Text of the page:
They do wonders, but my skin could still use some help. Not a problem. Over at Ivillage, their photo software is ready to help with a complete makeover. I can try the latest colors in lipstick, lip gloss, liner and mascara.
As soon as my face looks better, I realize how dowdy my hair has become. Well, that's easy to fix too. The hairstyler lets me "view myself with 1000's of virtual hair styles, 50 colors and 35 highlights!" An hour later, I'm beginning to realize the possibility of unlimited options may not be the best idea, but I've plowed through enough of them that I'm finally ready to chance one of them, a new cut with a total change of color and some amazing highlights. I'm feeling much prettier already.
My new hair looks so young but that saggy skin...well, it looks so old. However, my depression has lifted and a new optimism has emerged. Surely, there's an online cure for that. Yep. There is. Not to worry. Lift Magic to the rescue.They'll provide a face lift, shoot my wrinkles full of virtual botox, reshape my nose and juvaderm my skin -- all without taking my make-up off. A little tuck here, a snip there and even I am amazed at the result.
That takes care of me from the neck up. Which only makes what's sagging below look that much worse. I save my new face and hurry on over to the Marie Claire weight loss center, where I can slice off forty-one pounds instantly. All I have to do is "upload my photo to start my transformation." Dieting is so old fashioned. I'm savoring chocolate ice cream while I adjust the scale and push the button.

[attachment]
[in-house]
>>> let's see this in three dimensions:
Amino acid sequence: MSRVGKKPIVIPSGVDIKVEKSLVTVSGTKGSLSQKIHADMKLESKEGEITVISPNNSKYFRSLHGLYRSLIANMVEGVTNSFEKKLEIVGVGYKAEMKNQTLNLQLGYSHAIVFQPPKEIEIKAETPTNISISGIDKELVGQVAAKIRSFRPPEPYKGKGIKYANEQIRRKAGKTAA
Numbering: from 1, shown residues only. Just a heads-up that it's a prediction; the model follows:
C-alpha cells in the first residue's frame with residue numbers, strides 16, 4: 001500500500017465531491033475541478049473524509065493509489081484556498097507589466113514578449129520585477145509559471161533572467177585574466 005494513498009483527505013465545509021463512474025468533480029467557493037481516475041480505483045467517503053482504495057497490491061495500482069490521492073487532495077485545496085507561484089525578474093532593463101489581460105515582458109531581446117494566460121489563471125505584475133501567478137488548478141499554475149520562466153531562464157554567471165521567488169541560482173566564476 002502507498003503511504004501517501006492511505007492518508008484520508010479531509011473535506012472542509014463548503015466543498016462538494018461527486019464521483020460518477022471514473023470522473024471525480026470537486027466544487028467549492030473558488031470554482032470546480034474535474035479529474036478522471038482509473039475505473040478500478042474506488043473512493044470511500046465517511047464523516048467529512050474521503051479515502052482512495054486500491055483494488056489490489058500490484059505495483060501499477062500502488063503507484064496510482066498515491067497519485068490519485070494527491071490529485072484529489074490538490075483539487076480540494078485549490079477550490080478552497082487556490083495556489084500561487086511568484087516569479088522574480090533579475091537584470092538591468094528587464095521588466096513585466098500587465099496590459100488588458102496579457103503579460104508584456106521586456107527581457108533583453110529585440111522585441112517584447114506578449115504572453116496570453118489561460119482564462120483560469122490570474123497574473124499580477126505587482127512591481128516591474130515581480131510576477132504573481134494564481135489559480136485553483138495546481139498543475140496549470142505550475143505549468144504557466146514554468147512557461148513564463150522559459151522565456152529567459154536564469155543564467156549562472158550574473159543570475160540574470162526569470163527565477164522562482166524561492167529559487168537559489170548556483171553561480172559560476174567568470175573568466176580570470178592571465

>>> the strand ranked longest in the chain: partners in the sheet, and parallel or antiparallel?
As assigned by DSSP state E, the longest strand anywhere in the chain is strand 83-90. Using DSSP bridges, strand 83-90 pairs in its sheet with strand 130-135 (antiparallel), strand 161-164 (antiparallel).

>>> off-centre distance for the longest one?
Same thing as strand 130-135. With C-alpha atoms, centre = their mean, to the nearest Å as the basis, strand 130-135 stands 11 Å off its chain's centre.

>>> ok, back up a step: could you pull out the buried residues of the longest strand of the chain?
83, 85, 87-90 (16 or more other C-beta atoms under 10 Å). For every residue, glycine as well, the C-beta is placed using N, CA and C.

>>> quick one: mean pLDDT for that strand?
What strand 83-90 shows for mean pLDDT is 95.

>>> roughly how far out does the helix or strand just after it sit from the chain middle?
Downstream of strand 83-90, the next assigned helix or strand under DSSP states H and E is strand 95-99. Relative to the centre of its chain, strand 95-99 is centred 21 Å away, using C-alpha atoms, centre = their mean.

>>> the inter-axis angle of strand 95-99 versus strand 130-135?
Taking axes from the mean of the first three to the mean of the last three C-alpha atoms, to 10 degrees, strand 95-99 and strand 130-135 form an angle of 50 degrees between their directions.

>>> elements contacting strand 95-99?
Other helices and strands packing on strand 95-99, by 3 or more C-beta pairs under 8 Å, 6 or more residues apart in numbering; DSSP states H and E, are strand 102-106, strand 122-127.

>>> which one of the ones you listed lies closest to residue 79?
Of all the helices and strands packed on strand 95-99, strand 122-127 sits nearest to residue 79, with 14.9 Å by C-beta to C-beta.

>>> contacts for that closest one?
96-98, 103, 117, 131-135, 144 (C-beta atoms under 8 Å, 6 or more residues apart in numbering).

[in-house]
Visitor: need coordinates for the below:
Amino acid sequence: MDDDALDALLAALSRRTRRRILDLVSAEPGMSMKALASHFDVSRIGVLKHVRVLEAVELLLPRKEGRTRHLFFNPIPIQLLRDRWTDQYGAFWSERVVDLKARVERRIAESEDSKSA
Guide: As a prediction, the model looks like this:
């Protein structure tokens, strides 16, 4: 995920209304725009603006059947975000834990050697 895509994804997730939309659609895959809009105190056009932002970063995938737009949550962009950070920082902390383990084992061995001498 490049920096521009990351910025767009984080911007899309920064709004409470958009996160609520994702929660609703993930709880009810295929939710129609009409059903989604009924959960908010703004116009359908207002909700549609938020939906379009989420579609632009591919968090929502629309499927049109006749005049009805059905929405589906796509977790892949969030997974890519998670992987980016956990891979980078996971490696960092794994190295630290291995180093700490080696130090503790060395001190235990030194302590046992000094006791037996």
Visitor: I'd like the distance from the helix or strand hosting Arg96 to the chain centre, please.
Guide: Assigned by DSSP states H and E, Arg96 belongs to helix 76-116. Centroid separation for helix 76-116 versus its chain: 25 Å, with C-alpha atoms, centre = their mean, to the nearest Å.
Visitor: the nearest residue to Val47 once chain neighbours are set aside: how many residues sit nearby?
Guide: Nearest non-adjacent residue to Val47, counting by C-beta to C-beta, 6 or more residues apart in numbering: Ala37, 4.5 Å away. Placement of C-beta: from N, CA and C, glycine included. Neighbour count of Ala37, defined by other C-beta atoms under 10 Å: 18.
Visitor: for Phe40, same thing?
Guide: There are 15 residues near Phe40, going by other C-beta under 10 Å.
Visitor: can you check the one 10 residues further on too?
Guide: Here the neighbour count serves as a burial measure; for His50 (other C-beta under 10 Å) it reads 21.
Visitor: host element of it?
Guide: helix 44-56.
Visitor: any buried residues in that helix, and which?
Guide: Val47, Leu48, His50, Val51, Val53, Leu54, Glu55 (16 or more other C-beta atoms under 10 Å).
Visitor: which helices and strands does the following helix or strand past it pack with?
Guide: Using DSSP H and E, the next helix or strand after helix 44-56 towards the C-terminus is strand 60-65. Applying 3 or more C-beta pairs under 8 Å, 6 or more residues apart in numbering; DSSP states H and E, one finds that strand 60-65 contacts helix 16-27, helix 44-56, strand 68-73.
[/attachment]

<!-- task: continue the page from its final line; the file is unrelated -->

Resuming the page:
I can even get my feet esized over at eshoe.
Now I'm ready. Look at that svelte new figure. Trouble is, that dress just doesn't fit anymore. I need a new one, so I'm off to Love It or Lose It, a fashion iPhone app with a network of fashion critics. They'll help me before I even buy the outfit, so I upload my slenderized photo with my new hairstyle, perfect make-up, and whitened teeth. Okay. I'm ready for a shopping spree. Soon I'm snapping pics of dresses right on the rack. It doesn't take long before my newfound friends are panning or praising each outfit as I go. Together, we plow through every store in the mall.
They finally decide they love the strapless, backless white dress with slits up the side, something I'd never wear, but who am I to refuse their brilliant advice? I buy it anyway, flashing the receipt into my Iphone before sashaying out of the store with an utterly useless, very expensive purchase in the package under my arm.
I may not have a flair for fashion, but I sure do for faking it.
There's only one problem. I'm no closer to an outfit for tonight's party than when I started. Maybe I'm not so cutting edge after all. The tried and true methods seem to have a greater appeal at the moment.
"Honey? Do I look fat in this?"
He pauses in the doorway and tilts his head. His face softens. His eyes sweep slowly, luxuriously my body. His voice changes to a low, sexy growl. "Look at you. You'll be the hottest woman at the party." His naughty chuckle says he's pitying the other men.
Except we never make it. Turns out a zipper is the most seductive part of any dress. Just a couple of shimmies, and it's on the floor. A simple arch of his eyebrow and my body shivers in anticipation. I shed my bra and panties too. As his smile widens, I've never felt so well-dressed.
Photo credits: http://commons.wikimedia.org/